• Married taxpayers filing separate income tax returns and living in the U.S.: The total value of your specified foreign financial assets is more than $50,000 on the last day of the tax year or more than $75,000 at any time during the tax year
  • Taxpayers living abroad. You are a taxpayer living abroad if:

You are a U.S. citizen whose tax home is in a foreign country and you are either a bona fide resident of a foreign country or countries for an uninterrupted period that includes the entire tax year, or

You are a U.S. citizen or resident, who during a period of 12 consecutive months ending in the tax year is physically present in a foreign country or countries at least 330 days.

If you are a taxpayer living abroad you must file if:

You are filing a return other than a joint return and the total value of your specified foreign assets is more than $200,000 on the last day of the tax year or more than $300,000 at any time during the year; or

You are filing a joint return and the value of your specified foreign asset is more than $400,000 on the last day of the tax year or more than $600,000 at any time during the year.

Refer to the Form 8938 instructions for information on how to determine the total value of your specified foreign financial assets.

Reporting specified foreign financial assets on other forms filed with the IRS.

If you are required to file a Form 8938 and you have a specified foreign financial asset reported on Form 3520, Form 3520-A, Form 5471, Form 8621, Form 8865, or Form 8891, you do not need to report the asset on Form 8938. However, you must identify on Part IV of your Form 8938 which and how many of these forms report the specified foreign financial assets.

Even if a specified foreign financial asset is reported on a form listed above, you must still include the value of the asset in determining whether the aggregate value of your specified foreign financial assets is more than the reporting threshold that applies to you.”

Conclusion: All taxpayers are presumed to know the law, no matter how confusing or obtuse. If you have any questions or concerns as to whether this new reporting requirement applies to your transactions, call your tax accountant or us and we will try to help you sort this all out.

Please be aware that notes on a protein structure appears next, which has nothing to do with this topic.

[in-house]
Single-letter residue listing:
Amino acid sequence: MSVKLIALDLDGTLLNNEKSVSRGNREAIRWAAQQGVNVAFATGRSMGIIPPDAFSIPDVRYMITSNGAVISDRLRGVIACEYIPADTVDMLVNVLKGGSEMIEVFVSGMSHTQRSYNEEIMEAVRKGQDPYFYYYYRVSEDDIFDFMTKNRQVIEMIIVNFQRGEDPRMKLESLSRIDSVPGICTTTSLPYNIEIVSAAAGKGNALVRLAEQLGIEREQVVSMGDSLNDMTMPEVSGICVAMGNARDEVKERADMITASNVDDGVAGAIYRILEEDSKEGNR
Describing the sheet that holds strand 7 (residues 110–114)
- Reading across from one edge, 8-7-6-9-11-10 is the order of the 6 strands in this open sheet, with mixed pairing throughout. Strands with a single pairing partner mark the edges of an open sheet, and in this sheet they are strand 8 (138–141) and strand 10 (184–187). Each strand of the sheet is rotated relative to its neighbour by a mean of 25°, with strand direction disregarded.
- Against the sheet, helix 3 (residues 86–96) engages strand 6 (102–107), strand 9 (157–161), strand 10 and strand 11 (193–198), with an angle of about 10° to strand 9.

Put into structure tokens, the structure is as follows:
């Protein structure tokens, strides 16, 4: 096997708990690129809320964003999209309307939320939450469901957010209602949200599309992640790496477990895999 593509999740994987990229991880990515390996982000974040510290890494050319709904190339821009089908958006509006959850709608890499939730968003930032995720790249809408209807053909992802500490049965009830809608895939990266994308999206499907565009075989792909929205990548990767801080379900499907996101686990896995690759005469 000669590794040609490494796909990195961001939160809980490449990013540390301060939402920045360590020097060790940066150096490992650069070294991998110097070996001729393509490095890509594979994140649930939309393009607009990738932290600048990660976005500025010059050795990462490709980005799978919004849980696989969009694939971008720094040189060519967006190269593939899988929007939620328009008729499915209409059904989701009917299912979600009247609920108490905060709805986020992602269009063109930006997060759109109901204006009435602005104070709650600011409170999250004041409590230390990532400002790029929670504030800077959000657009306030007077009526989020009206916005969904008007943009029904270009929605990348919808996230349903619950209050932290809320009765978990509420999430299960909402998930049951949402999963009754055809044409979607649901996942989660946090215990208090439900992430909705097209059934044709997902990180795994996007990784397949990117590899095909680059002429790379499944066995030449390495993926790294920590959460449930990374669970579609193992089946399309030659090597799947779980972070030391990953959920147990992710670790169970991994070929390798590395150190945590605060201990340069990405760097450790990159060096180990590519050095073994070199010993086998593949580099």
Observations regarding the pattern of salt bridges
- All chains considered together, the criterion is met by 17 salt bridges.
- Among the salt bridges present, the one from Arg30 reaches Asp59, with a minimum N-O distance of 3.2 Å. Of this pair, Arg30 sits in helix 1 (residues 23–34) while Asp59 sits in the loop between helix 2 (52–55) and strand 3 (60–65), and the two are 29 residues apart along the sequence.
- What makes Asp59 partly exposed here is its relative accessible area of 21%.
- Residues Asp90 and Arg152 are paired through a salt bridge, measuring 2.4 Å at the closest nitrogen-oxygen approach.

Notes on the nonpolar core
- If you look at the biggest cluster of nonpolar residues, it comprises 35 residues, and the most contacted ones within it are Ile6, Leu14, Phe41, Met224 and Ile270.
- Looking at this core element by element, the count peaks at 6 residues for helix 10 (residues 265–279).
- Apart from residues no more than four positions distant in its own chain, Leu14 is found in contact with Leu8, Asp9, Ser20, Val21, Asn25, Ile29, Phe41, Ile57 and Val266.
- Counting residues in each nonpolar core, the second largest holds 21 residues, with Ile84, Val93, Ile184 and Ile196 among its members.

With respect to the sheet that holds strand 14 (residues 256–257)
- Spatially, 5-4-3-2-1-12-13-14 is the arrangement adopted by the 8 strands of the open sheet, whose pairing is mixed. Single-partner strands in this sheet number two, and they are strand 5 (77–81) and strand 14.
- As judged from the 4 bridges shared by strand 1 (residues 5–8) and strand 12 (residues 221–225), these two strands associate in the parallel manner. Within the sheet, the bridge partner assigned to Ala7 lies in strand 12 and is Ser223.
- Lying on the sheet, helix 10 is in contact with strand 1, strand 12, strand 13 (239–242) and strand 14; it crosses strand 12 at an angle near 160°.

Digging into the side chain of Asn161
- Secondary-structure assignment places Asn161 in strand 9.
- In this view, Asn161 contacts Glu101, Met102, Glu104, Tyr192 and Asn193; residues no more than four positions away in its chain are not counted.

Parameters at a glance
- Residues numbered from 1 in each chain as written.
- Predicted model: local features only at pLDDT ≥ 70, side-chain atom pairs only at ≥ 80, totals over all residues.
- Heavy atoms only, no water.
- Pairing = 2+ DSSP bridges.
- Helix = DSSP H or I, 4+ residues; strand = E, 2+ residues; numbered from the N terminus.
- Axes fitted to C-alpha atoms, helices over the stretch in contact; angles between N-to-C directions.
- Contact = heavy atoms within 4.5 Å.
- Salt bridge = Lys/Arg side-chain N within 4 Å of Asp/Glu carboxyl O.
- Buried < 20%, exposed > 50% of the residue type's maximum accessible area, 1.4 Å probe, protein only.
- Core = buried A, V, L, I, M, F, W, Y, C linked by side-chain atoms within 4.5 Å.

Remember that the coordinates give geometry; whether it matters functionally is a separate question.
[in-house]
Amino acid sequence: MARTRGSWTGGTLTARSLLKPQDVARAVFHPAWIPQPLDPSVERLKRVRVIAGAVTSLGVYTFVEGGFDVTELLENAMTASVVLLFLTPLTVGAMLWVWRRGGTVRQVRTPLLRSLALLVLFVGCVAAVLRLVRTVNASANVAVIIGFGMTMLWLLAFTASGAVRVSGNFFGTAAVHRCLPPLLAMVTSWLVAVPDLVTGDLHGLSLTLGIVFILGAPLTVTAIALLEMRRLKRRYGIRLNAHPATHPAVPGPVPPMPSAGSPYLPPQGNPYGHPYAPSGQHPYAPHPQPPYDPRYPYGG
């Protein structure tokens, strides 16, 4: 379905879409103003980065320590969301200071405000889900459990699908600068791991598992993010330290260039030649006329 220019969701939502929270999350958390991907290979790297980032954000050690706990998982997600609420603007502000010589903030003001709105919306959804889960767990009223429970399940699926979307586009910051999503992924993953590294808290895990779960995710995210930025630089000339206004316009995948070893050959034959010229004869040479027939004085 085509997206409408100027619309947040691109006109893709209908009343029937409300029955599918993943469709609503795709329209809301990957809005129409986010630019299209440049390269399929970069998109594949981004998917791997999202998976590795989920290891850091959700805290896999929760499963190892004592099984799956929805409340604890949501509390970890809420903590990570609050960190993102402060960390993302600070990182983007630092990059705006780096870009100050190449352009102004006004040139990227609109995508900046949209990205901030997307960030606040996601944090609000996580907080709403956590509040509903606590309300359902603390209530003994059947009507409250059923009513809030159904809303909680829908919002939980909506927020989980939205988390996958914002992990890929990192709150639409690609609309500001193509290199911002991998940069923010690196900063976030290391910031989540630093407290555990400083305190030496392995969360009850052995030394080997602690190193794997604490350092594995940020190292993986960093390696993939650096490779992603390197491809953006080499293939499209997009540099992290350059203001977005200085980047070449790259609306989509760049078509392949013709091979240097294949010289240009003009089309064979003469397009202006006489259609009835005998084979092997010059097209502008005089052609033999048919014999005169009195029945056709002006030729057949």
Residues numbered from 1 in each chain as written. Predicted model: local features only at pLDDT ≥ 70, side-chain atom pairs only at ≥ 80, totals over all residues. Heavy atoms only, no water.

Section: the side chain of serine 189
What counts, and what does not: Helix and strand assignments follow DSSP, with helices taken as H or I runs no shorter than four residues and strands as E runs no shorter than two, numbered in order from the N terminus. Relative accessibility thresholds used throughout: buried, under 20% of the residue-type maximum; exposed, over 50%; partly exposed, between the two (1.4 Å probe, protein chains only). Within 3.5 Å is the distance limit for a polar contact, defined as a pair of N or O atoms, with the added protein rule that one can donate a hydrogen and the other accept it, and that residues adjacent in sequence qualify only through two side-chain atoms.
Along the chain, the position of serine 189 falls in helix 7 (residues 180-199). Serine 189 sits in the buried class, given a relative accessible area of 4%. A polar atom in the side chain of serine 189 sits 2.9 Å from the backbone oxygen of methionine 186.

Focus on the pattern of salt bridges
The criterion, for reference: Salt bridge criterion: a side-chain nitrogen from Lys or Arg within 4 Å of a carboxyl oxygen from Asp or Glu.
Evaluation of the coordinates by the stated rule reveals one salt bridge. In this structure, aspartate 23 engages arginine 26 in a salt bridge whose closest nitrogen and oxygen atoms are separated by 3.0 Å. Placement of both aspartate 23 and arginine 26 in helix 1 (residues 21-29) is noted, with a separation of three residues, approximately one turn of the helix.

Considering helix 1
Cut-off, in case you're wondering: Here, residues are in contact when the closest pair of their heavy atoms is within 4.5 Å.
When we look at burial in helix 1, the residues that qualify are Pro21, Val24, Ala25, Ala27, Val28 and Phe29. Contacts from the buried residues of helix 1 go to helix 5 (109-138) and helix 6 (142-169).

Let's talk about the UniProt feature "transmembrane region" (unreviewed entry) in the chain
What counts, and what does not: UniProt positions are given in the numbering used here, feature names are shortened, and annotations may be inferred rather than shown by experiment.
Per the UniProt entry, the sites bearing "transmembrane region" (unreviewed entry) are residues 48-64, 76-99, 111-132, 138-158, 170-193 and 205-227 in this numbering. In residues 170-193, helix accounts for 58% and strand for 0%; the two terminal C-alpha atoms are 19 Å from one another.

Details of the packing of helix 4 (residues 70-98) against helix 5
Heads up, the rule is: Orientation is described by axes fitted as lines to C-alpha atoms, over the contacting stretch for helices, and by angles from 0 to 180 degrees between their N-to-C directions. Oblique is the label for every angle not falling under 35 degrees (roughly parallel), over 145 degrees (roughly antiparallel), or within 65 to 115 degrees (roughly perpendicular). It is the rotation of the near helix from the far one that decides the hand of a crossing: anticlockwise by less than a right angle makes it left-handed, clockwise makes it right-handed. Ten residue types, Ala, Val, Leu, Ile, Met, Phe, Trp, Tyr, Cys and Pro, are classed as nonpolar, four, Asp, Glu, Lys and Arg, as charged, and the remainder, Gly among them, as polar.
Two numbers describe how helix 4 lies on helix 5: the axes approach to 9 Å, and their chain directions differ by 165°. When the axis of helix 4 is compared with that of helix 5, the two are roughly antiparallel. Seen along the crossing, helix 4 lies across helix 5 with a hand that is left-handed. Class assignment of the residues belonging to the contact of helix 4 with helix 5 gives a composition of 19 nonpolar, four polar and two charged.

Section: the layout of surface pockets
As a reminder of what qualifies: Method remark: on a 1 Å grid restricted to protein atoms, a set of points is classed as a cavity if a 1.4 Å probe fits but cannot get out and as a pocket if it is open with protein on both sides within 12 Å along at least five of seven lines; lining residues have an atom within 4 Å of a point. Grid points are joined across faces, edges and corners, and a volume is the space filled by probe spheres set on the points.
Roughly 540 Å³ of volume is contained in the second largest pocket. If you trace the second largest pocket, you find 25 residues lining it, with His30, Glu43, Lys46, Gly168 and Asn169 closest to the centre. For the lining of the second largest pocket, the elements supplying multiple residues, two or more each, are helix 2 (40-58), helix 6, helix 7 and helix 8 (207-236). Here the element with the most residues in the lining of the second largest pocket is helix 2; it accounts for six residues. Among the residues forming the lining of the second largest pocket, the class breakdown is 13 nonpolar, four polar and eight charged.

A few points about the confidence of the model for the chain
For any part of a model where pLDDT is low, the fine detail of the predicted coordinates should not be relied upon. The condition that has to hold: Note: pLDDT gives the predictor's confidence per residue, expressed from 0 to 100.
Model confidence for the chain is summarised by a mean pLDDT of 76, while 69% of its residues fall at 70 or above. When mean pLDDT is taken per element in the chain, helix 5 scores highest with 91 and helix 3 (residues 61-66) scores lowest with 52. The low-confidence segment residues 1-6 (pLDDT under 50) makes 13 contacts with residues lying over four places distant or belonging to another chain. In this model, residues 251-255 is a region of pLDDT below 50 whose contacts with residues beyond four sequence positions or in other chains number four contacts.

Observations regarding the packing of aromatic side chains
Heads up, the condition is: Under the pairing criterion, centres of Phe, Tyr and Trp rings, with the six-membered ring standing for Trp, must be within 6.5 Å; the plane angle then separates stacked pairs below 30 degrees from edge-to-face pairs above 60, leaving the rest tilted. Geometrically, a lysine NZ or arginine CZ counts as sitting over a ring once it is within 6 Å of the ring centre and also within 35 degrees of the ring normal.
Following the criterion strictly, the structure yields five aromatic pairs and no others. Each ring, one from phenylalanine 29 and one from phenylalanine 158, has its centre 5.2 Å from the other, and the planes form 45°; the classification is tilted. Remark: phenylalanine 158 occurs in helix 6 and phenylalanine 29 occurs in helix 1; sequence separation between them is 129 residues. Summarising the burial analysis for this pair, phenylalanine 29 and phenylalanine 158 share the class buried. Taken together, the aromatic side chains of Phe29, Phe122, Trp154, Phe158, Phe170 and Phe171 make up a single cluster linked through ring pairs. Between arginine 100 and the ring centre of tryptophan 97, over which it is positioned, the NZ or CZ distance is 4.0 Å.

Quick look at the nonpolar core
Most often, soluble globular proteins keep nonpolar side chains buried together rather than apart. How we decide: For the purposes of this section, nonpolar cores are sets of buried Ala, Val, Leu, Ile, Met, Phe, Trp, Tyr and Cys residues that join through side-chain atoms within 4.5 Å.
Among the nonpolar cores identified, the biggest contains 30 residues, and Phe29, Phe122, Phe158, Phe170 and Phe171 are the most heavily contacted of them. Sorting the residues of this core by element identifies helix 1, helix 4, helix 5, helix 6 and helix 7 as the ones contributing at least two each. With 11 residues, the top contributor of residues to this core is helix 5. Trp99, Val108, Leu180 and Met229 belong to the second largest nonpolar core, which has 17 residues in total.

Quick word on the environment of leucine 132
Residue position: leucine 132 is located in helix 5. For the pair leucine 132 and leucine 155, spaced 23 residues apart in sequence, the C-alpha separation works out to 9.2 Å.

Happy Holidays and a Happy New Year

Jeffrey M. Verdon Law Group, LLC

Piercing the Corporate Veil

Dear Friends, Colleagues, and Clients,

In this issue of Client Alert, we will examine the concept known as “Piercing the Corporate Veil,” and how this “weapon” is used by skilled plaintiff’s lawyers to reach beyond a corporation to trap assets personally owned by the corporation’s shareholders.

With the advent of the Internet and websites offering low cost incorporation services, many business owners will seek these lower cost alternatives to hiring a business lawyer and can run into trouble. Generally, these online “do-it-yourself” services provide only the most basic incorporation services, often without a lawyer involved, which initially may appear to be saving money for small start-up businesses. However, as the business becomes successful, these business owners fail to “upgrade” to a business lawyer skilled in maintaining their corporations and adopt the necessary corporate governance and procedures to ensure the corporation remains in compliance.

Since the 1800s, the corporation has been used as a means to shield its owners, or shareholders, from personal liability if the corporation loses a suit brought against it and there are insufficient corporate assets to satisfy the judgment. This “veil,” as it is often referred, may only be available if the corporation is (1) properly formed and (2) properly maintained according to the corporate statutory requirements imposed by state law. This issue of Client Alert will explore the “maintained” aspect of the corporate veil.

In all states, a corporation’s officers must adhere to a set of procedures in order for the corporation to be recognized as a bona fide entity. These requirements are not particularly onerous or difficult to meet, but they must be fulfilled every year to prevent running afoul of the law and risk the corporate veil being pierced as a result. Such formalities include, but are not limited to: